Glyceria borealis (Northern Manna Grass)

Plant Info
Also known as: Small Floating Mannagrass
Family:Poaceae (Grass)
Life cycle:perennial
Habitat:sun; wet; shallow water, streams, ponds, lakeshores, wet ditches
Fruiting season:July - September
Plant height:2 to 5 feet
Wetland Indicator Status:GP: OBL MW: OBL NCNE: OBL
MN county distribution (click map to enlarge):Minnesota county distribution map
National distribution (click map to enlarge):National distribution map

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Detailed Information

Flower: Cluster type: panicle Cluster type: raceme

[photo of panicle] Flowering cluster is weakly erect and narrow, excerting out of the upper most leaf sheath, 8 to 20 inches long, the sparse panicle branches 3 to 4½ inches long each with 5 to 12 alternately attached, appressed spikelets (flower clusters). Spikelets are 3/8 to ¾ inch (1-2 cm) long, somewhat flattened with 6 to 12 florets, on a stalk ¼ to about ½ as long as the spikelet. 1 or more florets at the tip may be sterile.

[photo of spikelets] At the base of a spikelet is a pair of bracts (glumes), elliptic with obscure veins, the lower glume 1.1 to 2.1 mm long, the upper glume 1.9 to 3.3 mm long, the rounded tips becoming papery. Surrounding a floret are a pair of bracts (lemma and palea), the lemma narrowly egg-shaped, broadest below the middle, 3.1 to 3.9 mm long, 7-nerved, blunt at the tip, hairless but rough along the veins, awnless, purplish, irregularily notched, with papery, translucent white edging. The palea is 2-nerved and about as long as the lemma. Sterile florets are similar to fertile florets, but underdeveloped.

Leaves and stems: Leaf attachment: alternate Leaf attachment: basal Leaf type: simple

[photo of floating leaves] Plants are typically in shallow water, early leaves floating in rafts on the surface, the blades linear, 6 to 20 inches long, 1/8 to ¼ inch wide, abruptly tapered to a point, folded or flat with a prominent midvein. Surfaces are dark blueish green and hairless, the upper surface covered in pimply projections (papillose). Emergent leaves are erect but weak and collapsing with age.

[photo of sheath, ligule and node] The sheath is somewhat flattened, keeled at the back, the edges fused at the front for most of their length (a closed sheath) except at the tip where it forms an open "V". Surfaces are smooth to slightly rough and green to deep red, the submerged sheaths red. The ligule (membrane where the leaf joins the sheath) is a loose, thin, membranous band ¼ to ½ inch long, tapering to ragged point at the tip but often folded over. Nodes are hairless and green. Stems are hairless, the lower stem often prostrate along ground/lake bottom before rising (decumbent), and rooting at the nodes.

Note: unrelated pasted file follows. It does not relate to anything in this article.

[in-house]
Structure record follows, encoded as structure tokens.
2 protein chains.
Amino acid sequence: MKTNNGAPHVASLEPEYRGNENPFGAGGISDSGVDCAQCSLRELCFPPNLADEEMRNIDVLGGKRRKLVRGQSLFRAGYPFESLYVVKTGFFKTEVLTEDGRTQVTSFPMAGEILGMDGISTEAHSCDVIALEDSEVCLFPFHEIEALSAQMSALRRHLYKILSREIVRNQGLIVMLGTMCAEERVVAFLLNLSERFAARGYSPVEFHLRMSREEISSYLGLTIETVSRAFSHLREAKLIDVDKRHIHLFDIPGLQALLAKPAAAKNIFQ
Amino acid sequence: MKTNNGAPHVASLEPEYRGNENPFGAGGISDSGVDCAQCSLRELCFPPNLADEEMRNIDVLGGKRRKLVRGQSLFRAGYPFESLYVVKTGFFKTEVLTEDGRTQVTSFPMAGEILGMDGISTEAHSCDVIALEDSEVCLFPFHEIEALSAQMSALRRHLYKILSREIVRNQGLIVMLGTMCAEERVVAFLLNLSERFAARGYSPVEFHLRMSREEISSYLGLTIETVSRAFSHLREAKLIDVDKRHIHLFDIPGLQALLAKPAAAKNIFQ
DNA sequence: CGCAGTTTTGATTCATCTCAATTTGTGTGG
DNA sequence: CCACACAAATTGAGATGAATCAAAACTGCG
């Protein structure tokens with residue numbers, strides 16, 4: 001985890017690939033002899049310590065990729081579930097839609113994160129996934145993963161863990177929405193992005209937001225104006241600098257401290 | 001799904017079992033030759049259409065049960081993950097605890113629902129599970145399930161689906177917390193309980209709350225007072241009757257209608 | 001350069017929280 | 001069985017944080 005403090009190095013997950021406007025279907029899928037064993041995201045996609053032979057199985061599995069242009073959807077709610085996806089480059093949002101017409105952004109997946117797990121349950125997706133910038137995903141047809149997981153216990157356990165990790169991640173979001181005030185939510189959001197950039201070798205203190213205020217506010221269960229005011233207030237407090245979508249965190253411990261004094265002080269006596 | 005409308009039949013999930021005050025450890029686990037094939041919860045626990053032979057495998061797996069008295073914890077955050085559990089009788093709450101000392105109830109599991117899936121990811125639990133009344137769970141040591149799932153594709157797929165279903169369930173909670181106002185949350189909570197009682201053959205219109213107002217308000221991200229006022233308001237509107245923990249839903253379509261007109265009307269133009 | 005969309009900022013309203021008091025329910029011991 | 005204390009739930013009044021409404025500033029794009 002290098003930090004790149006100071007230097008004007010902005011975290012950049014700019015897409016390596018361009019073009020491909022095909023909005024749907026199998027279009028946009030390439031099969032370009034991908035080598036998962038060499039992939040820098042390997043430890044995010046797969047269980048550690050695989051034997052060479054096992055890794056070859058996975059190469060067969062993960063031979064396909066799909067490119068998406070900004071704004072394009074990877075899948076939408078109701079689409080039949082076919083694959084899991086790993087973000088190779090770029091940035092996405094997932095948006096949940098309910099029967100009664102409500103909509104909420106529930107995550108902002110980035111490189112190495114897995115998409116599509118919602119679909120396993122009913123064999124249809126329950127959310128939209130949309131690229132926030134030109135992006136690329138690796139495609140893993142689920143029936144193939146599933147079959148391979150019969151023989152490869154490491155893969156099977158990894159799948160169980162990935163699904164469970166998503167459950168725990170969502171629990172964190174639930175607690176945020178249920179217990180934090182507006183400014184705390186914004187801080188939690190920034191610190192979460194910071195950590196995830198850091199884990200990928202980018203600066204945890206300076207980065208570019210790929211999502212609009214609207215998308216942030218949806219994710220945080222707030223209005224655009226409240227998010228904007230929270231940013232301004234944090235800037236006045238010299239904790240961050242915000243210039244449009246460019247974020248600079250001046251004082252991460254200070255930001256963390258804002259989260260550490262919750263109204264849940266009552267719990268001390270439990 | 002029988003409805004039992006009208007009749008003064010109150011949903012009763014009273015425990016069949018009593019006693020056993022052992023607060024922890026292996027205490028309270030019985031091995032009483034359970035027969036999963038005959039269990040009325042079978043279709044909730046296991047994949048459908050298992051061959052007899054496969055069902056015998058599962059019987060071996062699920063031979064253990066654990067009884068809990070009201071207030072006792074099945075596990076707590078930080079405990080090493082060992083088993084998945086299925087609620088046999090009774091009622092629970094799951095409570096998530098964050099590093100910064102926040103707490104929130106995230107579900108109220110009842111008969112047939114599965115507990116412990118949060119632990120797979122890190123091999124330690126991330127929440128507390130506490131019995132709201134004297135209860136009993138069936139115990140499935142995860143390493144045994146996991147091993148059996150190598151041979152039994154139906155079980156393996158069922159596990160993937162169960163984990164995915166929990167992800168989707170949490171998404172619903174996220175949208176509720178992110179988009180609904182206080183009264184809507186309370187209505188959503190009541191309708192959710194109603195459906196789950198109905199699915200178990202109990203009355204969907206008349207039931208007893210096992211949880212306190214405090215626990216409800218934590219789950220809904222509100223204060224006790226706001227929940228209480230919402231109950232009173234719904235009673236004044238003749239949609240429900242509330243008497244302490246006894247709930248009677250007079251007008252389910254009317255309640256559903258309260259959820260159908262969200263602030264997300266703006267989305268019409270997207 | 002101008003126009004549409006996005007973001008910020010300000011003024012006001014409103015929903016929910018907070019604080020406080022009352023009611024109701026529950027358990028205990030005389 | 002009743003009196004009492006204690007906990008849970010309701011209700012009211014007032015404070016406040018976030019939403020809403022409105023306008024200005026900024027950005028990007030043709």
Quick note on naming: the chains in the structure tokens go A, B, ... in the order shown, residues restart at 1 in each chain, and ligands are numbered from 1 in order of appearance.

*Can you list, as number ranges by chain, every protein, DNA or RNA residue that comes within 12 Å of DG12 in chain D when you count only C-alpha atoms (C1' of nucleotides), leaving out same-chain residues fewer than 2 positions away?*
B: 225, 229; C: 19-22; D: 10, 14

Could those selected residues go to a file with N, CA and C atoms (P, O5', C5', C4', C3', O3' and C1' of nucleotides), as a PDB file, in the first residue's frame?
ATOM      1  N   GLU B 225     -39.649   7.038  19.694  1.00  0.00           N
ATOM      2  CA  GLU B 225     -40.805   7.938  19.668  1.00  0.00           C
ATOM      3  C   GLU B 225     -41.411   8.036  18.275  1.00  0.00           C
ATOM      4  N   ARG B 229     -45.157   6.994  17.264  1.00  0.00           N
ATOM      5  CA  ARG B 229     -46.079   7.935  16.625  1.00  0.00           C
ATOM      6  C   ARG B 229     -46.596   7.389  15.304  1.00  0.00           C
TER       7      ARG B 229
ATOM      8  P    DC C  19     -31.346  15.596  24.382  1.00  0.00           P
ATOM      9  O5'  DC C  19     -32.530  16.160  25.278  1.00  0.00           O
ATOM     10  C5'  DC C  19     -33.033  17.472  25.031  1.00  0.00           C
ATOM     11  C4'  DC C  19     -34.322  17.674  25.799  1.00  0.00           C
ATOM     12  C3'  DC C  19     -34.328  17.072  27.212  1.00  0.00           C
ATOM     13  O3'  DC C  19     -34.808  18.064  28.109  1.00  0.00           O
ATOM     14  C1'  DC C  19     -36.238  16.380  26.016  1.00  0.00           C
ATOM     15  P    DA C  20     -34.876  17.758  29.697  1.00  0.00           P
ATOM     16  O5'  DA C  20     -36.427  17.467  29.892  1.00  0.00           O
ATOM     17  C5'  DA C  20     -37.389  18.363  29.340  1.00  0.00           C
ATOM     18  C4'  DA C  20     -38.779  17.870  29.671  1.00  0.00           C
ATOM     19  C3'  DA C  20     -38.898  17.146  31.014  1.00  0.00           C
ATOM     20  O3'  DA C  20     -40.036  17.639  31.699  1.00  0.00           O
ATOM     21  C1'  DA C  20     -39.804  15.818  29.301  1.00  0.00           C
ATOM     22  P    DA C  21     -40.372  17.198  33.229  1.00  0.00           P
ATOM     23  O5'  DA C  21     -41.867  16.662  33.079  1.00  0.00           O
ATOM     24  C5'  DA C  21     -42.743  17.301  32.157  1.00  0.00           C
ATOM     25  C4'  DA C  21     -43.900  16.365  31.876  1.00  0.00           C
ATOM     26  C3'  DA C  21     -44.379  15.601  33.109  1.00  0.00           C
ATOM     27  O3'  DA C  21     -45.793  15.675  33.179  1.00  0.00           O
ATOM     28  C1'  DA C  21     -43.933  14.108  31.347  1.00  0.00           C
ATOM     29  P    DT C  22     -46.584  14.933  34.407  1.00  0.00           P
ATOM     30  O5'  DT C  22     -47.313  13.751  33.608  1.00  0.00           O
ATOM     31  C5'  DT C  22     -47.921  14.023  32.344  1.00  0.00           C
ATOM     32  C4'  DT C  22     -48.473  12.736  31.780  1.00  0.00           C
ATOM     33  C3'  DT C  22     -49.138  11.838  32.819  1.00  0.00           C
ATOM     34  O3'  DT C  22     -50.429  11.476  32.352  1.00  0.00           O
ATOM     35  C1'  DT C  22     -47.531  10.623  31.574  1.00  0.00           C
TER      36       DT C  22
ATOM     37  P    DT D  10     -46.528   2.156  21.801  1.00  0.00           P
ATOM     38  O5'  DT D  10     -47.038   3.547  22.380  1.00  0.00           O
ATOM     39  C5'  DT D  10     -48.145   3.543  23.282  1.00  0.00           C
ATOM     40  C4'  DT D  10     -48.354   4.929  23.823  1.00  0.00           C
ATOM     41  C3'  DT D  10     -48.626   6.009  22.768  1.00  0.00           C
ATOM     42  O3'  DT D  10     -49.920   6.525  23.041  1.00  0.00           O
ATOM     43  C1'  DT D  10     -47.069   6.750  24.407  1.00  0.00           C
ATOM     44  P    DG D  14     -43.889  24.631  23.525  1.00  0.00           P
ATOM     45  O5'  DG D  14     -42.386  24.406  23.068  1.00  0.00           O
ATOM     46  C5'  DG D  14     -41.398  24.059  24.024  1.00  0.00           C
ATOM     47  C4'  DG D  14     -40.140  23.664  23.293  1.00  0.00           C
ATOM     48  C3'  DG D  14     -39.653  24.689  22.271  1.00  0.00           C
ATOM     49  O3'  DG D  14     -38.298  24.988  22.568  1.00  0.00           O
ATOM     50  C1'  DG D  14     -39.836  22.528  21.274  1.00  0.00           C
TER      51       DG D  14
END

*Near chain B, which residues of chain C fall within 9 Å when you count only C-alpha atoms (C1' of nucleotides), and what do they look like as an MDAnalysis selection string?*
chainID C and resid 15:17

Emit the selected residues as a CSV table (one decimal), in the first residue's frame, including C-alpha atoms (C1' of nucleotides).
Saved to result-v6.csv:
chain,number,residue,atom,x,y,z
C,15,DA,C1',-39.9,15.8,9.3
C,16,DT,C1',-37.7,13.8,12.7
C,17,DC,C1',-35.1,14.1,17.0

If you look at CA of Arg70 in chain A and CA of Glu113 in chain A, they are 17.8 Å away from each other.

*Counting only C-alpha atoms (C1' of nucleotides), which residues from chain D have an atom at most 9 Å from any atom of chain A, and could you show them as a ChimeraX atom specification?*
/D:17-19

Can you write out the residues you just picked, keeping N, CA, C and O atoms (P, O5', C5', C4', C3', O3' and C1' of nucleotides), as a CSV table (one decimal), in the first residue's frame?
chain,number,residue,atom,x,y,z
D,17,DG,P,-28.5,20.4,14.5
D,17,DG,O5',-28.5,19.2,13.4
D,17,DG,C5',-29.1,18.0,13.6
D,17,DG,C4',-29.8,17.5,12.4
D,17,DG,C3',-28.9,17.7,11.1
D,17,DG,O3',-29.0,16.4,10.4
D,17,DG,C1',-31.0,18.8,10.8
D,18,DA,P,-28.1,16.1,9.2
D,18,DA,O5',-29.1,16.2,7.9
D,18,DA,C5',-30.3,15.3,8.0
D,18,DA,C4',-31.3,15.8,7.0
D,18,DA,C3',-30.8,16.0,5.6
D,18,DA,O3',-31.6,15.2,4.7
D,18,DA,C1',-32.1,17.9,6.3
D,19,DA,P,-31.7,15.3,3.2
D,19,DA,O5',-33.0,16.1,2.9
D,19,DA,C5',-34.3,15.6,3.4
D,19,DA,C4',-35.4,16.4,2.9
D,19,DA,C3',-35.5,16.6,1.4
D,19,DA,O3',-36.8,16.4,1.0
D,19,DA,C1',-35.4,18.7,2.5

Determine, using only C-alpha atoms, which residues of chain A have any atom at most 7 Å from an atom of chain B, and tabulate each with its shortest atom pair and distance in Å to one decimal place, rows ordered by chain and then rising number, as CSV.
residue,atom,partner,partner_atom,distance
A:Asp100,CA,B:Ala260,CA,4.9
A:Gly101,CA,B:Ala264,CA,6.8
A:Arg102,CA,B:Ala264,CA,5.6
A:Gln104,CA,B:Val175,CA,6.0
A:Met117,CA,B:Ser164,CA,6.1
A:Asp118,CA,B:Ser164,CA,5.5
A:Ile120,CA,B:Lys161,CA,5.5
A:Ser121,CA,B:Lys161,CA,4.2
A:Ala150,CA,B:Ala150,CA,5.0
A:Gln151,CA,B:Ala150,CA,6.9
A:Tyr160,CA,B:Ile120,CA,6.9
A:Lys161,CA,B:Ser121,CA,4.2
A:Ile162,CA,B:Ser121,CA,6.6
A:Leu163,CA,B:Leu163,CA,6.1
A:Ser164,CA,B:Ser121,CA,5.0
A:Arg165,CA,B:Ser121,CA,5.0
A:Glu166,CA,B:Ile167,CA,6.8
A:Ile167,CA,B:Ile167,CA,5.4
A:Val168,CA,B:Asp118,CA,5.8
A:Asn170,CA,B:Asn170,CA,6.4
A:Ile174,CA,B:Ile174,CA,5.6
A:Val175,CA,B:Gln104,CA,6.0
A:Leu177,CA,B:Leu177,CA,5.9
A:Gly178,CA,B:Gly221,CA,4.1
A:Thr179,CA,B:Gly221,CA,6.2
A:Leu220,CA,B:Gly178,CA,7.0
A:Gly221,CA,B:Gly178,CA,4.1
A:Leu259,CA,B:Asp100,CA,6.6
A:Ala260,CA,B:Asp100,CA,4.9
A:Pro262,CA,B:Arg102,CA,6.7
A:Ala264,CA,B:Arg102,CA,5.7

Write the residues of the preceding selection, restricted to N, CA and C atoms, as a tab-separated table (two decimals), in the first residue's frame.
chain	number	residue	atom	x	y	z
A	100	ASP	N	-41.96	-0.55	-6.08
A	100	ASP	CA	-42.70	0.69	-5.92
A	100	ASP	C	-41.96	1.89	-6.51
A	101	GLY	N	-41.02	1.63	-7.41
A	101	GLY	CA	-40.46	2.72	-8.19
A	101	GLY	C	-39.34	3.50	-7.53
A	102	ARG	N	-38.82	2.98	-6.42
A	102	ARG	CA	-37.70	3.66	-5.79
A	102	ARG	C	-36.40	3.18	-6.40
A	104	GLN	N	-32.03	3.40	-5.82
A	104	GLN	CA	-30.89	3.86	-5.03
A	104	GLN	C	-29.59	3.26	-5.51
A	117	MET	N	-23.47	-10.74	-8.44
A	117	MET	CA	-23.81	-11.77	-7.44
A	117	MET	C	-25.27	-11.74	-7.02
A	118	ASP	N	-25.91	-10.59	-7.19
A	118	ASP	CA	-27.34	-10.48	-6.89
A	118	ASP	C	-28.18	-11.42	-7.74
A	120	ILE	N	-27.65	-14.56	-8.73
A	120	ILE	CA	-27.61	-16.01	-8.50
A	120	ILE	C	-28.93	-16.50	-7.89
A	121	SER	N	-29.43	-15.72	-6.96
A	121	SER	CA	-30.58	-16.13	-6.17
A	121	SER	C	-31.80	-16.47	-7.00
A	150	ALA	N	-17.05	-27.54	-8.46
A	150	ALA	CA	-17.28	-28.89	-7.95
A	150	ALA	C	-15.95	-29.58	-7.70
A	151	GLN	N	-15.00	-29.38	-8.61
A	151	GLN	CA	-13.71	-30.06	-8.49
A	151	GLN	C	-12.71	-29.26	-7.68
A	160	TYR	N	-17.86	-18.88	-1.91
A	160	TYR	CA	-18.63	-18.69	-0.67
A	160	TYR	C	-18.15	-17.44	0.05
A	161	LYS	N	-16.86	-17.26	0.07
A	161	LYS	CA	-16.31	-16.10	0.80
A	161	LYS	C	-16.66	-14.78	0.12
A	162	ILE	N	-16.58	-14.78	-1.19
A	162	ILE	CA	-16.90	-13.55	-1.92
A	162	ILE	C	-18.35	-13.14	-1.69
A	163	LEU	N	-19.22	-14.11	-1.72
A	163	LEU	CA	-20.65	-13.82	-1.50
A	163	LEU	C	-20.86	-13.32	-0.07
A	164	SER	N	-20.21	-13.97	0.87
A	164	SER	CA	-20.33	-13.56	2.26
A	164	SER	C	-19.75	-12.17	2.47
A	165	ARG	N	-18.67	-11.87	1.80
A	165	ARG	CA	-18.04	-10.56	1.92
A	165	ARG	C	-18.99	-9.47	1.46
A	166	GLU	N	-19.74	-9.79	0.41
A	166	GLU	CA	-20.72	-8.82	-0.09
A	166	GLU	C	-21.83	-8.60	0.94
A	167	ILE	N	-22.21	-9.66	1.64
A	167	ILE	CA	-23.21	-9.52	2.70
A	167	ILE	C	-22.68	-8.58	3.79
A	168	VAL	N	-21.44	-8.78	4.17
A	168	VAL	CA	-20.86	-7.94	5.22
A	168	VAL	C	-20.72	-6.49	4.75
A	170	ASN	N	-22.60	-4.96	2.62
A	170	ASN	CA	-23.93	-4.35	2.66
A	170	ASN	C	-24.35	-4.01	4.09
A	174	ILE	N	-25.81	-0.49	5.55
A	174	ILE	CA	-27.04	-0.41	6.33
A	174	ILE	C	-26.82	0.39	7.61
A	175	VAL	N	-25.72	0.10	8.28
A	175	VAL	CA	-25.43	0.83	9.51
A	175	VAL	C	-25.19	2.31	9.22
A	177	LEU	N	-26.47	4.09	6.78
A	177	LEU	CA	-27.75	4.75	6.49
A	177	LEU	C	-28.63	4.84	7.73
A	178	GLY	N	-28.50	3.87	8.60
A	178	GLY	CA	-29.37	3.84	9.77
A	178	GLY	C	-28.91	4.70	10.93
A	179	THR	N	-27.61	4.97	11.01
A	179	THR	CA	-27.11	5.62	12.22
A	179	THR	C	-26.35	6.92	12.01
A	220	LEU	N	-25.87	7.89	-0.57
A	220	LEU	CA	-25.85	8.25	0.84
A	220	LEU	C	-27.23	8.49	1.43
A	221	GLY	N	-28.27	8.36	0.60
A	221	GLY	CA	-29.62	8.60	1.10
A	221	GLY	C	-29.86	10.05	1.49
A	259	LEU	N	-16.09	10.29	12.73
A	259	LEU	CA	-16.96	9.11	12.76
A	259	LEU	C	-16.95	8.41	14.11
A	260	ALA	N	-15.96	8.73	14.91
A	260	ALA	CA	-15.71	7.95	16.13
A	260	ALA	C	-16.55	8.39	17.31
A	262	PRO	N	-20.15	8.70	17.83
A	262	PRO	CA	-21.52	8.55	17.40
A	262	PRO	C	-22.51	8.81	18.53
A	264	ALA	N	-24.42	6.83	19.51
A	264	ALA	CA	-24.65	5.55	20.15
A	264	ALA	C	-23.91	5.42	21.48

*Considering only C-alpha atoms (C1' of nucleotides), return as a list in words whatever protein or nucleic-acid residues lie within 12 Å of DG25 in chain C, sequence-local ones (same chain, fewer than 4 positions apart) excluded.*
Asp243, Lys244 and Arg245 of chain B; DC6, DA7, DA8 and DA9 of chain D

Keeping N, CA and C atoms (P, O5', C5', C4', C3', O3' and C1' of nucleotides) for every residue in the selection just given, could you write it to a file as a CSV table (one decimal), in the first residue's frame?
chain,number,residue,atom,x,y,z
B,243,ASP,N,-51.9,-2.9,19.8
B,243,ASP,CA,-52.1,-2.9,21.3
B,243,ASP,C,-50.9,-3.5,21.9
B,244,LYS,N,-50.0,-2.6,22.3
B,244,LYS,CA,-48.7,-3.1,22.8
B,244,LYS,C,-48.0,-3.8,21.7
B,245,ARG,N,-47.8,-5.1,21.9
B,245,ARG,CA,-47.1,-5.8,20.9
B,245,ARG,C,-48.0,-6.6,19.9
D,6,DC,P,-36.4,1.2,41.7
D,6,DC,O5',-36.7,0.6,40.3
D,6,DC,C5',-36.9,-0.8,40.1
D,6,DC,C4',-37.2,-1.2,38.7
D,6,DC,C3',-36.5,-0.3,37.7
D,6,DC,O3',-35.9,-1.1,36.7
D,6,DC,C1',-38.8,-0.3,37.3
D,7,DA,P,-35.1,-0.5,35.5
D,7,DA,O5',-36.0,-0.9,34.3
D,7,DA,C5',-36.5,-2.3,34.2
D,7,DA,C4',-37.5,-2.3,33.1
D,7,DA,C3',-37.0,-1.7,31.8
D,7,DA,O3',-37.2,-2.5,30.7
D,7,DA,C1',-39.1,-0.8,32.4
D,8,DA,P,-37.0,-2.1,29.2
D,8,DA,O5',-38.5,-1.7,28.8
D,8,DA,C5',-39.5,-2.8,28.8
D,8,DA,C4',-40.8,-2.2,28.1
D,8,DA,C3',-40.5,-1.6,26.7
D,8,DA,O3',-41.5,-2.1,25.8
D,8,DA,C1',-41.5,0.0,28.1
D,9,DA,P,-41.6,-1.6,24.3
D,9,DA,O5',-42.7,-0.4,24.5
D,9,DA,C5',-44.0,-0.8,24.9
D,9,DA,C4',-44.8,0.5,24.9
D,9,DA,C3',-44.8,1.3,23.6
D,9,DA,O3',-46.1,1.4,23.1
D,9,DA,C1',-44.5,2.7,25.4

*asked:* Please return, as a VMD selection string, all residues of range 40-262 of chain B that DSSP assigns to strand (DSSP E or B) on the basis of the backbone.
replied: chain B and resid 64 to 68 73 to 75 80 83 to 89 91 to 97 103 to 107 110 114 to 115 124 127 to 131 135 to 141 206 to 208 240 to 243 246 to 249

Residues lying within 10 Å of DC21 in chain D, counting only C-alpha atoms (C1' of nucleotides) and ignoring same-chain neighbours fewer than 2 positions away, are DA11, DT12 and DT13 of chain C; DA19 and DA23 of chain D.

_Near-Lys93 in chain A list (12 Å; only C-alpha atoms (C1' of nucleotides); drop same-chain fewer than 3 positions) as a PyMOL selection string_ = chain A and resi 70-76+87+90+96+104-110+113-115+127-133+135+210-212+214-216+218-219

Fruit: Fruit type: seed without plume

[photo of grains and mature floret, lemma with papery tip] Spikelets turn brown at maturity, the florets quickly shedding as each grain matures, the glumes left behind and persisting on the stalk. Grains are a greenish brown, oval, 1 mm long, .5 to .75 mm wide.


Northern Manna Grass is fairly common in shallow water bodies and shorelines throughout Minnesota's east central deciduous and northeastern coniferous forest regions. While its floating leaves can be observed long before the flowering panicle appears, these could be confused with some of the Bur-reeds (Sparganium ssp.) but Northern Manna Grass can be distinguished by sheaths with fused edges, its reddish-purple to blueish-green floating leaves with a prominent midvein and by its deep red, submerged sheaths.

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More photos

Photos courtesy Peter M. Dziuk taken in Aitkin, Lake, Pine and Wright counties.


Have you seen this plant in Minnesota, or have any other comments about it?

Posted by: Andy - Minneapolis
on: 2023-05-19 12:15:19

Fairly certain this has popped up in my yard--in a low, perpetually wet area where a downspout lets out. It doesn't look like any of the bur-reeds, but it's early--not even stems yet. At present, there appear to be 10 separate plants, 1-3 basal leaves each, all within about a 3-foot radius. The leaves are all dark bluish green, 8" long at most, 3/16" wide at most, and with a light inner band along the middle of the upper leaf surface (papillose?).

Posted by: K Chayka
on: 2023-05-19 19:55:36

Andy, "papillose" refers to the pimply bumps on the leaf surface. If the midrib is a paler color than the rest of the leaf blade, it probably indicates a different species. You'll know once it produces a flowering head.

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